“I mean, there’s guys, plenty of coaches in the NFL who coach guys older than them. If they understand that you’re looking out for their best interest and you actually know what you’re doing then there’s no issues with it. I think Belichick coaches LaVar Arrington- not LaVar Arrington, what was that famous outside linebacker for the Jets?”
“LT. He coached him when he was older than Belichick, and somewhere along the line he was talking about something like that, and I thought that was really interesting.”
AJ was saying that the guys in the room are really close. How have you worked to foster that?
“Um…I don’t think I have anything to do with it. I think it was them accepting me, because that’s a great group of guys and they do have a really good relationship. I think just the time spent together and the proximity was as important as anything, and the fact that [at] our position we do involve a lot of the group.
“It’s a little bit different than at quarterback, for instance, where one guy gets to play. We played six guys in the game last week. Wish we could have played seven. So, I think by nature it’s a little bit more involved as a group because it’s like this guy’s in, then this guy’s in, now these two guys go in. It’s less like…it’s not just the Jake Butt show, as I think has been evident the last few weeks.”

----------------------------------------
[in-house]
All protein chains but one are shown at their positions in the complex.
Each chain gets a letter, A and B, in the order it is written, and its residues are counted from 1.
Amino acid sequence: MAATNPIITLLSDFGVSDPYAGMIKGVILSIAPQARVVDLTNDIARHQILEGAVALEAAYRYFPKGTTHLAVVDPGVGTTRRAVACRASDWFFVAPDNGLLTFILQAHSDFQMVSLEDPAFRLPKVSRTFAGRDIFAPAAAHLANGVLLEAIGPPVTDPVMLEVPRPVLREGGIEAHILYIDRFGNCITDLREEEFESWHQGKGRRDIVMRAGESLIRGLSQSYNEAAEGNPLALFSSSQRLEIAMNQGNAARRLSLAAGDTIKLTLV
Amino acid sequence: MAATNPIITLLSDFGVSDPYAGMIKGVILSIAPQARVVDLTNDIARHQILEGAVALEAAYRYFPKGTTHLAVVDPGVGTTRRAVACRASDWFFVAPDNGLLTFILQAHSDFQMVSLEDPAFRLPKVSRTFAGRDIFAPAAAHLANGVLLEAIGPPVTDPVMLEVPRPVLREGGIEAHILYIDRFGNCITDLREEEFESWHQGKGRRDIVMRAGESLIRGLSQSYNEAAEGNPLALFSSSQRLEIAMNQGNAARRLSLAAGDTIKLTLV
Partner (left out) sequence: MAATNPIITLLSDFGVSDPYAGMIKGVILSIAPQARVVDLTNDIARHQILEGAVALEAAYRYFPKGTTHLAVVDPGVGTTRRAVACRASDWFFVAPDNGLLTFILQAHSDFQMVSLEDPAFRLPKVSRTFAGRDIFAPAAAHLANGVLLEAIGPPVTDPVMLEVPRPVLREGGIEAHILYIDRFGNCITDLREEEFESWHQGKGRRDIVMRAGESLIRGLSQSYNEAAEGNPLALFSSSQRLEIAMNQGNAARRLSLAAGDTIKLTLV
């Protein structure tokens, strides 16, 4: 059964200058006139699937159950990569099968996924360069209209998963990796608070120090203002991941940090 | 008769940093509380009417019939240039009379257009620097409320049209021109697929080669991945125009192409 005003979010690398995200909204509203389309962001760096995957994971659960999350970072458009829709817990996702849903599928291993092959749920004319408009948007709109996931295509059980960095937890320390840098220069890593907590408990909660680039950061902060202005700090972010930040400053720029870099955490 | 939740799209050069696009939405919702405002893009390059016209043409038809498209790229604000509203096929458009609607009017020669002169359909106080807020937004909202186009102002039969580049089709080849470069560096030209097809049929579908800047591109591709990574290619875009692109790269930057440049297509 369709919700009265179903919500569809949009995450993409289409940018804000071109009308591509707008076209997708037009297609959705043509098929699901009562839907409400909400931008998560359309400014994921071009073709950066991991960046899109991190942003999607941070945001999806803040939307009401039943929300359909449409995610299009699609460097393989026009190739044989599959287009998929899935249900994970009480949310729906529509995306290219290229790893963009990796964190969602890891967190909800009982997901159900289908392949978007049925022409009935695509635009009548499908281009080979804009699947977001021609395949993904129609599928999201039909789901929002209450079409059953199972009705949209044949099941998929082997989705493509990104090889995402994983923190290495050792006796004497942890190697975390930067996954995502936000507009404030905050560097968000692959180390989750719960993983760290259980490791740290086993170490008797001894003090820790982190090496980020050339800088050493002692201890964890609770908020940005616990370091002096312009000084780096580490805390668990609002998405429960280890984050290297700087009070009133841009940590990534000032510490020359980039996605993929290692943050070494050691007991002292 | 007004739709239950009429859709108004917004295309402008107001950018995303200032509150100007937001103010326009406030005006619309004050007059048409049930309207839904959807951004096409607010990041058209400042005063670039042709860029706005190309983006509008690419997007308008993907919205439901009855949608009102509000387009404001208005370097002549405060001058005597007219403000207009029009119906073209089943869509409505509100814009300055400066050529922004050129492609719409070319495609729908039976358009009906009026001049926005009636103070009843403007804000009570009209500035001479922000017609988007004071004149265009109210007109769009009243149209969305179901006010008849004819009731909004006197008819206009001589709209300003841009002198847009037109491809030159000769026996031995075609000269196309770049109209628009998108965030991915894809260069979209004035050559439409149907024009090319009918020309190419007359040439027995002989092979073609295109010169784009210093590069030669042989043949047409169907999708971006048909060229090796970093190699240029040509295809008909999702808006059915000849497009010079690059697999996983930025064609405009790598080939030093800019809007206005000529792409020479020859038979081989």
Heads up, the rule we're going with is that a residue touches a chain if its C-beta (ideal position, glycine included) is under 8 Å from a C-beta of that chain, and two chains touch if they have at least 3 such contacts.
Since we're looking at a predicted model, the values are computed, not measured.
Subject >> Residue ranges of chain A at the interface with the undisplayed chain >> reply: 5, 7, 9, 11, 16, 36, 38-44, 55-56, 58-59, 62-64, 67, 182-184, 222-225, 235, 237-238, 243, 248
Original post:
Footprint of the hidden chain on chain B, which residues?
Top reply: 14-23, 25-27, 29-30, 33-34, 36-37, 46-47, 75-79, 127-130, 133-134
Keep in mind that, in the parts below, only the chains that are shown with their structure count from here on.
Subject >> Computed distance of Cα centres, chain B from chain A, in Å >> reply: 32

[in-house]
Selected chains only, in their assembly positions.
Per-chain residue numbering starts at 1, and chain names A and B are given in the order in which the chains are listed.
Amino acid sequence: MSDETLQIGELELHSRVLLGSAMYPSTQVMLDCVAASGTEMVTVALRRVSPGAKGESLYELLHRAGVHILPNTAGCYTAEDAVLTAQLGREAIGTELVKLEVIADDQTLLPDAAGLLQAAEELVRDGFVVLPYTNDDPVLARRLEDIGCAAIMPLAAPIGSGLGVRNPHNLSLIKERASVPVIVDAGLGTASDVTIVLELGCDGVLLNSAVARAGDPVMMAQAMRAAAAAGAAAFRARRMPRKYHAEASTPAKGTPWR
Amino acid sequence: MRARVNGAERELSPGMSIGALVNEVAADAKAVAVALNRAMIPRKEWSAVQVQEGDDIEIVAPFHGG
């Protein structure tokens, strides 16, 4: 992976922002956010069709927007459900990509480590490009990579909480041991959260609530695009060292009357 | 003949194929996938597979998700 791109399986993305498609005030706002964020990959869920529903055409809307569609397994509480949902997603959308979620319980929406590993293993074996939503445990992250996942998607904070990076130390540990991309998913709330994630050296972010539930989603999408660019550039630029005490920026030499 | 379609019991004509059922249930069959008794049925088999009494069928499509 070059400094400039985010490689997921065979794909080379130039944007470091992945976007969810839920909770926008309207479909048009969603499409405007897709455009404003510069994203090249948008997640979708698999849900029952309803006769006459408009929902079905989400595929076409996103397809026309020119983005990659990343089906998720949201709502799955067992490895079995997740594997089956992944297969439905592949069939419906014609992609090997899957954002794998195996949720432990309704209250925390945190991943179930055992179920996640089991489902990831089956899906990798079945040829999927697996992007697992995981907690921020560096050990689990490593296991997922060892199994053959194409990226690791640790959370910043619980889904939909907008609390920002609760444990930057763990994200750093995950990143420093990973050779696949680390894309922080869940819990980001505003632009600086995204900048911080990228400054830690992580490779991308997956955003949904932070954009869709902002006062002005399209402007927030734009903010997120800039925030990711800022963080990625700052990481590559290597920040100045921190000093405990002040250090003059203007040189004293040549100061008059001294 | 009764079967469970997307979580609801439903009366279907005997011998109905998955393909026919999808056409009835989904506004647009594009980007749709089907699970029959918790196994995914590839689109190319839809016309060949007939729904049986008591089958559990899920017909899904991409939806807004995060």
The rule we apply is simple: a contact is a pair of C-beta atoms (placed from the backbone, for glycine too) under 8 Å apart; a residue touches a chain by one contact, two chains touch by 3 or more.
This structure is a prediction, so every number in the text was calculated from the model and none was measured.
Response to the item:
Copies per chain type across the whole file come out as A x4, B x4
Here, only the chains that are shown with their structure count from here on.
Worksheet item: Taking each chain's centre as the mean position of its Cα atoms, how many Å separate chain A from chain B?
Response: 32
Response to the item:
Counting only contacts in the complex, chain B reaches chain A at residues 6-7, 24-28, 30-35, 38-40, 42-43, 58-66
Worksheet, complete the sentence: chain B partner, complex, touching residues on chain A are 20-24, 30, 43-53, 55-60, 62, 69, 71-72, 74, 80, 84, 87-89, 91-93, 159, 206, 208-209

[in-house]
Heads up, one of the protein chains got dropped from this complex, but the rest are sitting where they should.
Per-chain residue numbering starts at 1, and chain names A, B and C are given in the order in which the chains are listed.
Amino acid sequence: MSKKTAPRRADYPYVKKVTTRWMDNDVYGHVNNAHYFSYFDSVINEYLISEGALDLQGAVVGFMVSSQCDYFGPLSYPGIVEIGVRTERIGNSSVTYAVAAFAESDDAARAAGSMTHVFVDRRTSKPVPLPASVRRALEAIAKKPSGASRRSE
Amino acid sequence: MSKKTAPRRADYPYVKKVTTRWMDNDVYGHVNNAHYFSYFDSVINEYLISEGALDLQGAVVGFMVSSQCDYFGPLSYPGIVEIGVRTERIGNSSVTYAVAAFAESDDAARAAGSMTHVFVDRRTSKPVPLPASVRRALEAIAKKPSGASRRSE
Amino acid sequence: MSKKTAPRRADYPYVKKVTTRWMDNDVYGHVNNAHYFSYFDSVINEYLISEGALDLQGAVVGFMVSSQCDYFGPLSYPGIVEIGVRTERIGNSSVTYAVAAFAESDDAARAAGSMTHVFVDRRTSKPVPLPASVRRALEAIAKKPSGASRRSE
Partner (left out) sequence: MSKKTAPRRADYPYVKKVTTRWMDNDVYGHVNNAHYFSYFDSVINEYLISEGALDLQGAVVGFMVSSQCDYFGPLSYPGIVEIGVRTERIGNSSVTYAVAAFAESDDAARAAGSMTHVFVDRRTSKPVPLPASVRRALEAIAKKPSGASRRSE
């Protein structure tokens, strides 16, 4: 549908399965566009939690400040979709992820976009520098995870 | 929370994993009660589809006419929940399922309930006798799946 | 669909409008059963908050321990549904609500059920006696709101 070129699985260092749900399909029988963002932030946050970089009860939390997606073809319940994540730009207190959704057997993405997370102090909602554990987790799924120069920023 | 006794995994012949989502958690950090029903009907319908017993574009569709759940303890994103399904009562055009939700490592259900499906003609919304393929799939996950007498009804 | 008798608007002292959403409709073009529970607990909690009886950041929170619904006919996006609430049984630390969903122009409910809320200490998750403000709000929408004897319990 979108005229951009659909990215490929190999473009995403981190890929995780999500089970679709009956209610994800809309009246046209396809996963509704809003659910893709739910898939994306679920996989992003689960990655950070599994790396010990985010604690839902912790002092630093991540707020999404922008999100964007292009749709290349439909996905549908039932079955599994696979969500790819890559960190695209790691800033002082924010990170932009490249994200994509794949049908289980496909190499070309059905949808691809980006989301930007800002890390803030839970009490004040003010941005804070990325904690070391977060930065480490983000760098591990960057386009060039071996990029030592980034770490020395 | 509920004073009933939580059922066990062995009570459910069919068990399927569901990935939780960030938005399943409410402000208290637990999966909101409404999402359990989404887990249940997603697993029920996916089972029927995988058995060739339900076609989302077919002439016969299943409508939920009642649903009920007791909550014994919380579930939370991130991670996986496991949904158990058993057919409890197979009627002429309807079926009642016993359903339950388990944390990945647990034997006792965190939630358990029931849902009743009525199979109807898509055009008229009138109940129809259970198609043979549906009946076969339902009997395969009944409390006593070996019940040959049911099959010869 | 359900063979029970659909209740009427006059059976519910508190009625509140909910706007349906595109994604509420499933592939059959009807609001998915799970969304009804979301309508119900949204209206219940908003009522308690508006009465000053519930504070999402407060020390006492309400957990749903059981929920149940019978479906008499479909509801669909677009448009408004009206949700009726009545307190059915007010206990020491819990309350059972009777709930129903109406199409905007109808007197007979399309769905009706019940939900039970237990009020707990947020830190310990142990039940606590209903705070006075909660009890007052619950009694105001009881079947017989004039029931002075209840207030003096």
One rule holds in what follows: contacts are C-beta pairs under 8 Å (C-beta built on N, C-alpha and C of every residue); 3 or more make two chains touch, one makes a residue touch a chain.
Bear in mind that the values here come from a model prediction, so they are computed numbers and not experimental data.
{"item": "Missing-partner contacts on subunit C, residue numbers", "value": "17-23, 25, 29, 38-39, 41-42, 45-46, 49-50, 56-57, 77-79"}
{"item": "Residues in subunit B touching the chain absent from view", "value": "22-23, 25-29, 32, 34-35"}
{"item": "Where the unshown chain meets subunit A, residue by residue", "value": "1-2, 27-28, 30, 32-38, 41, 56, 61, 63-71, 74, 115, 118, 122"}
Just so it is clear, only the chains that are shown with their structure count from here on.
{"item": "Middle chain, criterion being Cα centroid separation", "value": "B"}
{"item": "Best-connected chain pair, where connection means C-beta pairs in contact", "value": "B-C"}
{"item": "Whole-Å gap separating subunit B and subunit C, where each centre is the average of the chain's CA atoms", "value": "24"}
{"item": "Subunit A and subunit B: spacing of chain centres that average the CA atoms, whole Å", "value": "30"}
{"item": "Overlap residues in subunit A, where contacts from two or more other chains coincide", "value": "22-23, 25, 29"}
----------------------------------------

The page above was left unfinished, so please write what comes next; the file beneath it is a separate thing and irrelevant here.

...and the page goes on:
Did that surprise you at all? I mean, everybody knew about Jake Butt and what he was able to do, but the amount of depth and guys that can block and go in and catch passes and different things that you do- did that surprise you at all?
“Um…not really. I mean, I don’t get it, because I knew that when I was coaching them, so…”
I mean coming in.
“I was the one saying the opposite, like, ‘It’s a really good group. It’s a deep group.’ and everyone was telling me it was just Jake, so are you guys surprised?”
Before you even had a chance to see them or work with them. I mean, to have that many tight ends…
“Oh, I gotcha. Yeah, yeah. No doubt. Sorry, that was probably rude. To get here and they hadn’t had a ton of production and it is a deep, talented group, so in that regard I was psyched. I was like, ‘Okay, I have a bunch of guys who are all good guys and have differing sets of physical tools’ so that was exciting, and it’s really played out how I would hope. Everybody’s healthy and contributing, so you can’t really ask for much more than that.”
Has the potential of weather come up yet when you’re all getting together of what could be brewing out there?
“Just in passing, like, ‘Hey, there might be a big storm’ but not like gameplan adjustments or practice adjustments. It’s kind of a- we’re kind of a weatherproof team, I think, so it’s not something that we’re really concerned about.”
Even a hurricane? Hurricane-proof?
“Yeah, we’ll play anywhere. We’ll play on the moon, or Mars; they found water there, so maybe that’s our next spot.”
So it’s on radar, literally?
“Yeah, there you go. That’s pretty clever.”